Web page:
Religions, after all, borrow from one another. Both Buddha and Christ came from virgin births. We have also recently seen painting from a Tibetan artist who put halos around the heads of the figures in his paintings.
Although Pan He's sculptures were originally Red, he later changed to subtle social commentary, and more recently has done sculptures of the Chinese minorities, in another type of social commentrary. He has done a Buddha and several Guanyin's in different media. The original large model of this one is high on a hill top in a temple, in Shanxi Province, in the north. This sculpture of the Guanyin is rather unique in his repertoire of works.
He Long, original cast bronze sculpture,
artist's proof, by Pan He
Marshal He Long was a military leader during China’s first revolution for democracy. In the late 1920’s, he joined the communist party and Mao Zedong’s revolution. He was a hero of that revolution, as the forces under his command in the "long march" were the only to increase in number, rather than diminish. Later, during Mao’s Cultural Revolution, he was branded as an anti-party element and died in prison from diabetes, beatings and starvation.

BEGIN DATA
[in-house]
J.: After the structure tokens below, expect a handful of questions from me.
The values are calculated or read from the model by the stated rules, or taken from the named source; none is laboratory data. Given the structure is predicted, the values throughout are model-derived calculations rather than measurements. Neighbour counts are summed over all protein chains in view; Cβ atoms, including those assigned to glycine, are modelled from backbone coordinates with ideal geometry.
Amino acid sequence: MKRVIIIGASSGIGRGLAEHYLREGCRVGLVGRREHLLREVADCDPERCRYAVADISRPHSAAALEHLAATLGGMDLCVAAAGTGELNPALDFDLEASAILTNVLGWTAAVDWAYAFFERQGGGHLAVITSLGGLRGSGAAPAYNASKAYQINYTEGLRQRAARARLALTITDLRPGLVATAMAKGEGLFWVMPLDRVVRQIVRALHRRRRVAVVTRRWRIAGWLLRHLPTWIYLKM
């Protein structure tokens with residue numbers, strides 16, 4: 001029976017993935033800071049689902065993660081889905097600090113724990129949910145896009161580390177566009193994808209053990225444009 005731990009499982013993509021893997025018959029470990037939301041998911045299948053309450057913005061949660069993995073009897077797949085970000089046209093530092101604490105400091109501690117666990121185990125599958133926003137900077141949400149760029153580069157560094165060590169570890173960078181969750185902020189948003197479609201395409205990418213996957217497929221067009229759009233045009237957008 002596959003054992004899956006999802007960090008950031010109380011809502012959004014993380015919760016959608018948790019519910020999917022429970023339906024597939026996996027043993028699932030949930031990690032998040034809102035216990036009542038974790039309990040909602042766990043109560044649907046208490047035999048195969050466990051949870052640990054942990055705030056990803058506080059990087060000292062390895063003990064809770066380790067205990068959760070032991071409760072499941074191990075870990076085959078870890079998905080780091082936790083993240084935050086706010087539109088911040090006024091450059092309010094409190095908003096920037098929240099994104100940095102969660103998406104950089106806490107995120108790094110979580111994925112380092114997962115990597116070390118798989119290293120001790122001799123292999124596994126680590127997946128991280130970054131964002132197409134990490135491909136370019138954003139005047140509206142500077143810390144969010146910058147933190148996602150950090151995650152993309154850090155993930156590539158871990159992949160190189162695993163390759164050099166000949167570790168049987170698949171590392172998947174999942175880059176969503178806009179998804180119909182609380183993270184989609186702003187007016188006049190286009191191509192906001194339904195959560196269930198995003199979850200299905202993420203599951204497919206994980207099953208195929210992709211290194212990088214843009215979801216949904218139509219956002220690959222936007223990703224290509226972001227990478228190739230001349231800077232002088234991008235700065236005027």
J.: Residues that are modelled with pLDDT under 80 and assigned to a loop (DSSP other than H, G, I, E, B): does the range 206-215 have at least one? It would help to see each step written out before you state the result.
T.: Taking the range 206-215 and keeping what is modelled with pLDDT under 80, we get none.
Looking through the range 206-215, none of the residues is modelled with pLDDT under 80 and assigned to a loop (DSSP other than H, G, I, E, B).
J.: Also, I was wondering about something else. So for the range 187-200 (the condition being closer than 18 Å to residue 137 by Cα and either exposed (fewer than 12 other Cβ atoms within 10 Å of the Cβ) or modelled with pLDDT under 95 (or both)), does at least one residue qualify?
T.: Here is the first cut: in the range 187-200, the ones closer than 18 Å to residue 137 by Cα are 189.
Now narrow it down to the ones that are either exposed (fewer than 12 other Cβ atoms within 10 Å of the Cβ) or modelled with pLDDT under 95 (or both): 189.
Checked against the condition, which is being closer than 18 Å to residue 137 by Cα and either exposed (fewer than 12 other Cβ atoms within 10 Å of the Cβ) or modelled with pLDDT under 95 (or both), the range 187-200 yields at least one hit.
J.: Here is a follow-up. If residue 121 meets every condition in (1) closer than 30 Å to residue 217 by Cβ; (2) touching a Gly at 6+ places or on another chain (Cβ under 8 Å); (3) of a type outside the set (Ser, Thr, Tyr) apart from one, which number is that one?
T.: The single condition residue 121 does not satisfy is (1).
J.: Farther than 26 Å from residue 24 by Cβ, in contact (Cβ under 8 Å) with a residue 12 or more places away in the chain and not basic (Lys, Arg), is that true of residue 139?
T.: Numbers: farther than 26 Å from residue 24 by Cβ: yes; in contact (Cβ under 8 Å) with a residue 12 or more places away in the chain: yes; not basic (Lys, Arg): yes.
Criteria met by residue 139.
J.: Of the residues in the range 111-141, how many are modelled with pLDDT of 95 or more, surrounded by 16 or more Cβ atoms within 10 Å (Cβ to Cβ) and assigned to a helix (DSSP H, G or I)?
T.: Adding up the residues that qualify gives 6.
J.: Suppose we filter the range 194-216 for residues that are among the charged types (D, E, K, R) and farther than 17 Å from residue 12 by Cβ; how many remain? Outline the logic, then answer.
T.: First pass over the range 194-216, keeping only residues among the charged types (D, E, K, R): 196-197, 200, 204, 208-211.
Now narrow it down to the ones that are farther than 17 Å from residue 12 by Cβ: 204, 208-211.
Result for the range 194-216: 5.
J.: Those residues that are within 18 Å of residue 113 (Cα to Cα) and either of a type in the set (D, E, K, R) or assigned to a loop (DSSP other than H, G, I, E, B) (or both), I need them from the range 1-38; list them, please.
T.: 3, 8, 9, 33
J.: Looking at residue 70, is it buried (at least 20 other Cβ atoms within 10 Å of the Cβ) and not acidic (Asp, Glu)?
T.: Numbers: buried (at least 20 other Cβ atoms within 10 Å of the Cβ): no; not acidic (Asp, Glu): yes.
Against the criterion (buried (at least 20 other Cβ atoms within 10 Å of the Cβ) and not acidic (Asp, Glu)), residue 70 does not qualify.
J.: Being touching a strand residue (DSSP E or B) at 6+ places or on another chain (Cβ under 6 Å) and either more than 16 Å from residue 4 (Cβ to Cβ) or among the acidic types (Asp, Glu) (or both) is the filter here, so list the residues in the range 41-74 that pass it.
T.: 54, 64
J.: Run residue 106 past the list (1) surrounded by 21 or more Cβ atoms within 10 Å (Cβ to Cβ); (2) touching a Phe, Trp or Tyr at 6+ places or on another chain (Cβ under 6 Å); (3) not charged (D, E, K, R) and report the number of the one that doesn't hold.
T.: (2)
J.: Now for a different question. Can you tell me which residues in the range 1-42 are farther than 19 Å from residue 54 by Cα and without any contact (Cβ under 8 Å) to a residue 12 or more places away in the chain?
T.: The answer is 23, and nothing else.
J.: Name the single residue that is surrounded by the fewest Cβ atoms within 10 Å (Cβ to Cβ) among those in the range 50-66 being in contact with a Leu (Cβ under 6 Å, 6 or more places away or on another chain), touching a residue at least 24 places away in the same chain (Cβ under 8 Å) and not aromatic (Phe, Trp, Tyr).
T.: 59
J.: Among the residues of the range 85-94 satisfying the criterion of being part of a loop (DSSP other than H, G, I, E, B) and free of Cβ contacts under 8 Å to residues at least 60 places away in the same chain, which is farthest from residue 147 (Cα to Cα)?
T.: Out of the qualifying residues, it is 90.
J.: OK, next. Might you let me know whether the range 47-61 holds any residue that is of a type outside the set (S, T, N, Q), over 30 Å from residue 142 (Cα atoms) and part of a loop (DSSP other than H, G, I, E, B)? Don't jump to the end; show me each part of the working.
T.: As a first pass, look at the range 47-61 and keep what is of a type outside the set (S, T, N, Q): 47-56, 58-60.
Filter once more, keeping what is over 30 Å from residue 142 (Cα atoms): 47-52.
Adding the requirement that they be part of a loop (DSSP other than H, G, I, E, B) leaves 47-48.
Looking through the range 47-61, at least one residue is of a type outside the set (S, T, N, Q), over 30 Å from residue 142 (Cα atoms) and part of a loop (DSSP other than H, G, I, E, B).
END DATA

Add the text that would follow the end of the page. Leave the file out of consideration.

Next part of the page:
de the original larger sculpture of the Marshall, in 1985, which included a horse, as he is usually depicted. The original was made for He Long's hometown, in Hunan Province (pictures of the original are shown on the hyperlinked page). To make up for the mistreatment of her husband, who was a true hero of the revolution, the Chinese government got together with He Long's wife to have a memorial made of him. Pan He agreed to make it, but he wanted the Marshall in his battle gown and the horse made small so as not to take the eye away from He Long, himself. The wife ultimately agreed. In this smaller,bronze version is an opportunity to display one of Pan He's well-known works, in your home. His body is meant to echo the rock walls of the mountains behind the original monument and also to add to his substance as a leader.
Although Pan Fen is in charge of limiting editions of final versions to 9 copies, even he does not have a copy of this one, so, it is a very limited edition, which we have heard is only 3.